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Deepro Chakraborty

Nationality: Indian

Gender: male

Date Of Brith: 24/03/1988

Present Position: Assistant Professor

Awards Received:

1. Government of India, Ministry of Human Resource Development (Department of Higher Education): Certificate of Appreciation in recognition of the excellent academic performance in the MA (Sanskrit) examination conducted by JNU for the academic year 2010-2011.

Academic & Professional Qualifications:

Bachelor B.A. Hons. in Sanskrit University of Calcutta 2009
Master M.A. in Sanskrit Jawaharlal Nehru University 2011
Others M.Phil in Sanskrit Jawaharlal Nehru University 2014


Position(s) Held:

1 Assistant Professor in Sanskrit, St. Stephen’s College, Delhi Jan. 2014 Mar. 2014
2 Assistant Professor in Sanskrit, Gurudas College, Kolkata August 2014 till now


Membership(s) of Societies/Association:

Life member of Bangiya Sanskrit Sahitya Parishad, Kolkata.

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Atreyashiksha is one of the Shiksha texts of the Krishna-Yajurveda, Taittiriya school. This text has been critically edited and translated consulting two palm-leaf manuscripts which are currently the only discovered manuscripts of this text in public libraries. Shiksha texts deal with phonetics and phonology of the Vedas and the method of proper pronunciation and recitation. The Atreyashiksha is well-structured in terms of arranging its topics of discussion.
When compared to the other Shikshas of the Taittiriya school, the Atreyashiksha, in keeping its focus on the discussion on the different methods of Vedic recitation, namely, word-reading (padapatha), sequential reading (kramapatha), tangled reading (jatapatha) and the five varieties of the reading of the phonic sequences (varnakramas), holds a unique position in the corpus of the Shiksha literature. A close reading of the text shows that the main aim of the text is to explain the practical aspects of the different ways of Vedic recitation, in whose connection it describes the theoretical elements of Shiksha too.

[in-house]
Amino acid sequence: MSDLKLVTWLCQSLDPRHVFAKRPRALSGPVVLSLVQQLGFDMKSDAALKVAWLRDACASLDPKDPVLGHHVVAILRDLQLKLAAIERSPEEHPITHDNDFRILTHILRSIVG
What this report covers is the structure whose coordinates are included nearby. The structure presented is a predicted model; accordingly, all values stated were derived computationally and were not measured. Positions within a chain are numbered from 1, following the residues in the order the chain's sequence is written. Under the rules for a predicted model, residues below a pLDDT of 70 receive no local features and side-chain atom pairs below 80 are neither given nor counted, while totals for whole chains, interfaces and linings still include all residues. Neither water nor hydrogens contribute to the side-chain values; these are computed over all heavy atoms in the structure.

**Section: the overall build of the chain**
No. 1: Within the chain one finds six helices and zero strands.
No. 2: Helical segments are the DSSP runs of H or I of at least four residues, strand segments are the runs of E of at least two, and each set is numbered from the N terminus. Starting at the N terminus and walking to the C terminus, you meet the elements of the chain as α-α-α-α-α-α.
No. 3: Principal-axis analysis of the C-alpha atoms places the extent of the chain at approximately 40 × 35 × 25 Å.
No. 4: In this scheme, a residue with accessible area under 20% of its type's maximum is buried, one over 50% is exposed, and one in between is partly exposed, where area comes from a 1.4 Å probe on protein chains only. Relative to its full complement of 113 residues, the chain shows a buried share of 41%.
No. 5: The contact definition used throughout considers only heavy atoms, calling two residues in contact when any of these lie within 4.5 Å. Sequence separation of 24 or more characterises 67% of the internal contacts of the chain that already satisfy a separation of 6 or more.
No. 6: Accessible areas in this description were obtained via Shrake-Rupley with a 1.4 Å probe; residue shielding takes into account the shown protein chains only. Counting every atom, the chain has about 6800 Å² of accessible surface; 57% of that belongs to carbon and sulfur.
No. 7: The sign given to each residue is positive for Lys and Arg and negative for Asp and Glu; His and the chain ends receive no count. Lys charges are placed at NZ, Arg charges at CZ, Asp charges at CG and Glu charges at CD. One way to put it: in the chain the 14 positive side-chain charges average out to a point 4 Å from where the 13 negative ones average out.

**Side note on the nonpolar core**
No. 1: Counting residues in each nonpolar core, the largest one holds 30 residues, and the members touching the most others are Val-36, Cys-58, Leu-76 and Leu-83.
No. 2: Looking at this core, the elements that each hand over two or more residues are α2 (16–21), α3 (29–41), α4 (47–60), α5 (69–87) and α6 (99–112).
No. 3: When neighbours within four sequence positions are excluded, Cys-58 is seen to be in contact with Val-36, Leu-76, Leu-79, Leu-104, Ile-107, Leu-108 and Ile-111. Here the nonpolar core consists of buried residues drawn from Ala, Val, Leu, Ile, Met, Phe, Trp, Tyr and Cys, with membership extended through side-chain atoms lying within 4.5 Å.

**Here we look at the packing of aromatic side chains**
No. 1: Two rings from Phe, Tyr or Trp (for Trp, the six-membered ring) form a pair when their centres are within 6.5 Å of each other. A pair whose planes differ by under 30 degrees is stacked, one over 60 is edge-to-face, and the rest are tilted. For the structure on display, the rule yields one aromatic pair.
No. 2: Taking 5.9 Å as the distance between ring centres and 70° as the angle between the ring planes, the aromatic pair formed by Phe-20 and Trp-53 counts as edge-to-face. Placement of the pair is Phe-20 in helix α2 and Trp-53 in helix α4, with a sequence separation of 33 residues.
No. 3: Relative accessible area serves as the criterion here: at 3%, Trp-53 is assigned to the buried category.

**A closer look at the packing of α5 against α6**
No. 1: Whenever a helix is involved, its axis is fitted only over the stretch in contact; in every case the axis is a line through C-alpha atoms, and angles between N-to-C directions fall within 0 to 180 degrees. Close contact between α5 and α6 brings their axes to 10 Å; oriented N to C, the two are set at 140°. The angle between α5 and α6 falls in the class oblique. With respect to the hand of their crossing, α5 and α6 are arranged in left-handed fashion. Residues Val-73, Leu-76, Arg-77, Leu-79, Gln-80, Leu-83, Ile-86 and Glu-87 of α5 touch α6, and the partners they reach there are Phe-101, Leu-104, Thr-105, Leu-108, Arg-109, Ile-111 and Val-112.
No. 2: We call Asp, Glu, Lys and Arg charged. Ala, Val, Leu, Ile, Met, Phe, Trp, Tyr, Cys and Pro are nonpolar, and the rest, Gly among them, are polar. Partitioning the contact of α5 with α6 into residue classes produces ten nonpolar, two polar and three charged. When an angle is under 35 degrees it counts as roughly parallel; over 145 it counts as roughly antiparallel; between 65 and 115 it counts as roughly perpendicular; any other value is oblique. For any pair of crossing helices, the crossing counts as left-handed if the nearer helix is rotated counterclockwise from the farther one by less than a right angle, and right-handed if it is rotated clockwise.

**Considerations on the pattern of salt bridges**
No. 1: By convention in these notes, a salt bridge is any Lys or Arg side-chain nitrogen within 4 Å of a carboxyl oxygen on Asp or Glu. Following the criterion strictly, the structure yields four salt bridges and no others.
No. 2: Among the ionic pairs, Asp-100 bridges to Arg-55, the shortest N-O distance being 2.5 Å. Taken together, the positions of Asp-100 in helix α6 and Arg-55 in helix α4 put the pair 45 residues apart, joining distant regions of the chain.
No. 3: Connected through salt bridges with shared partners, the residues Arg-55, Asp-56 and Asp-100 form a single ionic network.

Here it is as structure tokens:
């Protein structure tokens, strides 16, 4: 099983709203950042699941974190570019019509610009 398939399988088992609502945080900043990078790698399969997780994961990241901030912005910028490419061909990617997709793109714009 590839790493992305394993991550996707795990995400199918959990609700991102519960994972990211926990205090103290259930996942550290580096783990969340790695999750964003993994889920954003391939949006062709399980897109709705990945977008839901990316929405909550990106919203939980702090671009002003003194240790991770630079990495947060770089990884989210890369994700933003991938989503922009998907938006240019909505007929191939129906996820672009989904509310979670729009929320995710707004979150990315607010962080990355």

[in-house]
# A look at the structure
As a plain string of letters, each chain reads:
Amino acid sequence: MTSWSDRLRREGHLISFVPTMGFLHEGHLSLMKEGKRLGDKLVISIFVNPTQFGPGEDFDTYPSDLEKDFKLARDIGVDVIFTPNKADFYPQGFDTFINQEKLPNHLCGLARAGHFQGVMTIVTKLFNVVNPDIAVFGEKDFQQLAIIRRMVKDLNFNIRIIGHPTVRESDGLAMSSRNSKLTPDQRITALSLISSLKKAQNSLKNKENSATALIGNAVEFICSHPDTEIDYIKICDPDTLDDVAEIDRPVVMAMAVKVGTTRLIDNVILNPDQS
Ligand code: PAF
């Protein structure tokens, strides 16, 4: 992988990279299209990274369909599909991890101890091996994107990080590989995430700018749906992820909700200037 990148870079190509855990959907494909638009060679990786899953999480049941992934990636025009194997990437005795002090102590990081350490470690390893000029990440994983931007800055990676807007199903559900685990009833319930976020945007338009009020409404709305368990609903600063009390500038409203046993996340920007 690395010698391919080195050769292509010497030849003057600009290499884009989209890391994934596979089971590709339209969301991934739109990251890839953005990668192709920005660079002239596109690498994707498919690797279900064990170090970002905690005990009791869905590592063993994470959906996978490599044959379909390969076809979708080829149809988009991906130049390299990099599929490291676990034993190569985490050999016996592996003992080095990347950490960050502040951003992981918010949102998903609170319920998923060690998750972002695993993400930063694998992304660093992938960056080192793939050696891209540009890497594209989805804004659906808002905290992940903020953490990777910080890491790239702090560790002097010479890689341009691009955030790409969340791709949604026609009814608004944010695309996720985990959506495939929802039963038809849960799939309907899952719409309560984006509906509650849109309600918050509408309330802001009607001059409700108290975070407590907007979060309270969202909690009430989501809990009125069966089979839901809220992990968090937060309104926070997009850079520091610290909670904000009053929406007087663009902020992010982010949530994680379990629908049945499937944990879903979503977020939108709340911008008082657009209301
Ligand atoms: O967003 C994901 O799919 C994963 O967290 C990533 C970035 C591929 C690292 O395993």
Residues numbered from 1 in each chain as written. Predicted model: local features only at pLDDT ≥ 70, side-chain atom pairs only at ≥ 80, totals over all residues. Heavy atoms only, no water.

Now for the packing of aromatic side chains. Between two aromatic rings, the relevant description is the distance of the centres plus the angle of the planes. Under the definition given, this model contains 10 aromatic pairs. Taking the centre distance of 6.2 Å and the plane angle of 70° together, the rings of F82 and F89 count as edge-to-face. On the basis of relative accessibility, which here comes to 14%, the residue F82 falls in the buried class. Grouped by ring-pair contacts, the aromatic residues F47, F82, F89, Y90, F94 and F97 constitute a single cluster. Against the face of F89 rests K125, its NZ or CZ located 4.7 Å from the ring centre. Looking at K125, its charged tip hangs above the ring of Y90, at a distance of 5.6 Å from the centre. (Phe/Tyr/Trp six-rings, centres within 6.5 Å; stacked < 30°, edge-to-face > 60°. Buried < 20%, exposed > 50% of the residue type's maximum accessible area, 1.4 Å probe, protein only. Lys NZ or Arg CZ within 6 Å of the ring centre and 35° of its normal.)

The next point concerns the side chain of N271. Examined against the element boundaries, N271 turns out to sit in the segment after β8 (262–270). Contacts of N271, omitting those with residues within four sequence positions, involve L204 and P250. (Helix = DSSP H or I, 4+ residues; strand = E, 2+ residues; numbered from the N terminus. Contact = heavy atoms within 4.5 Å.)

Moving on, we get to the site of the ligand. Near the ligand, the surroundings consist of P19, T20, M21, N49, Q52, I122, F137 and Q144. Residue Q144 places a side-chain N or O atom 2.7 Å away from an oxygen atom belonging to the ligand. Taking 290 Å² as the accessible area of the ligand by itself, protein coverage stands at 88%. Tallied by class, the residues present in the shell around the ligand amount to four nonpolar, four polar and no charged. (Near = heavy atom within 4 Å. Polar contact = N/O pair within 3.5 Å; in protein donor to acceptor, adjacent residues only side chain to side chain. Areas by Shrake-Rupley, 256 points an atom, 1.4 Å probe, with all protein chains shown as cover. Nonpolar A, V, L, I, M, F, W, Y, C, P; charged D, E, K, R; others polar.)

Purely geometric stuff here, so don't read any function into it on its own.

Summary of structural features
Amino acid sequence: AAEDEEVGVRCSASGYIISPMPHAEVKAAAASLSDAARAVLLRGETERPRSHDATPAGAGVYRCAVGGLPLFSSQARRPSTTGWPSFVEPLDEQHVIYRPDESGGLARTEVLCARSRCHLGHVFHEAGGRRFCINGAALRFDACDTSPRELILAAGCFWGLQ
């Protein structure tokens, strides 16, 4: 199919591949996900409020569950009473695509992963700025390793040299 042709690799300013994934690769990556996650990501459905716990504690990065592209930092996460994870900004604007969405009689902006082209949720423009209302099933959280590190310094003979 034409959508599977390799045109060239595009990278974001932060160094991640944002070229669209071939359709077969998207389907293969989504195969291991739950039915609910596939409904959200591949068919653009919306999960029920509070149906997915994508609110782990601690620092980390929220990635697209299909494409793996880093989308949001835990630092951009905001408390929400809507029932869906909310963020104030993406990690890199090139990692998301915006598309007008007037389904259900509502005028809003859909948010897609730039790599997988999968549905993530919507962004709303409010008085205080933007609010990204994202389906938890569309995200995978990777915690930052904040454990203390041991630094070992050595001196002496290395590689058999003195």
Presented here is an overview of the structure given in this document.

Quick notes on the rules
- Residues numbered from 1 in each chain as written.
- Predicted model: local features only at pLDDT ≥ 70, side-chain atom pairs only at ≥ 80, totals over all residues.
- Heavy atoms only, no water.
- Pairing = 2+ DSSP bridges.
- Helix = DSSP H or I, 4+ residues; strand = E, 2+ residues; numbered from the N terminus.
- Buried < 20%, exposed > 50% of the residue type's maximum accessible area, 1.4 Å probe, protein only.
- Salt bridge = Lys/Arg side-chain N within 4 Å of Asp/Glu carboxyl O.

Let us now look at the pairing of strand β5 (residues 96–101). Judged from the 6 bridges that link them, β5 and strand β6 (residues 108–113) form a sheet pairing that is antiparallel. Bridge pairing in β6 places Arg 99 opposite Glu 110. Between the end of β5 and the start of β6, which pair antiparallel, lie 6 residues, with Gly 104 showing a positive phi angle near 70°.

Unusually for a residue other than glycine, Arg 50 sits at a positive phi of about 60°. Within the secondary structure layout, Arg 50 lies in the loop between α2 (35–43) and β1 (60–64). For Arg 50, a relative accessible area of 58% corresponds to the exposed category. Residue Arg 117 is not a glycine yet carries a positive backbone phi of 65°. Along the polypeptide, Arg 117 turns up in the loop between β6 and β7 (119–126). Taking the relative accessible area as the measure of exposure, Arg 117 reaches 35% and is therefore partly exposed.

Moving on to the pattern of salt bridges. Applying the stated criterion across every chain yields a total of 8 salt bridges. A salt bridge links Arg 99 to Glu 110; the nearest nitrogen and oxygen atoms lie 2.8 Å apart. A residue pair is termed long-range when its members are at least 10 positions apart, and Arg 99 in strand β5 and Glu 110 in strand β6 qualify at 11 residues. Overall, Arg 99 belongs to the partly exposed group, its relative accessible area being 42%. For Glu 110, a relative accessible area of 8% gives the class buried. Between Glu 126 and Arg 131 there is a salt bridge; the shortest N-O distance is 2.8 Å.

The book, therefore, serves as a practical guidebook to Vedic reciters who recite the above-mentioned readings of the Taittiriya Krishna-Yajurveda along with the continuous reading. While describing the methods of recitation, the Atreyashiksha gives enough emphasis on the theoretical nuances. The phonological rules, most of which are expressed in the Taittiriya Pratishakhya, are also illustrated in this text. This book consists of a detailed introduction, the critically edited text in Devanagari script, its Roman transliteration and an authentic English translation.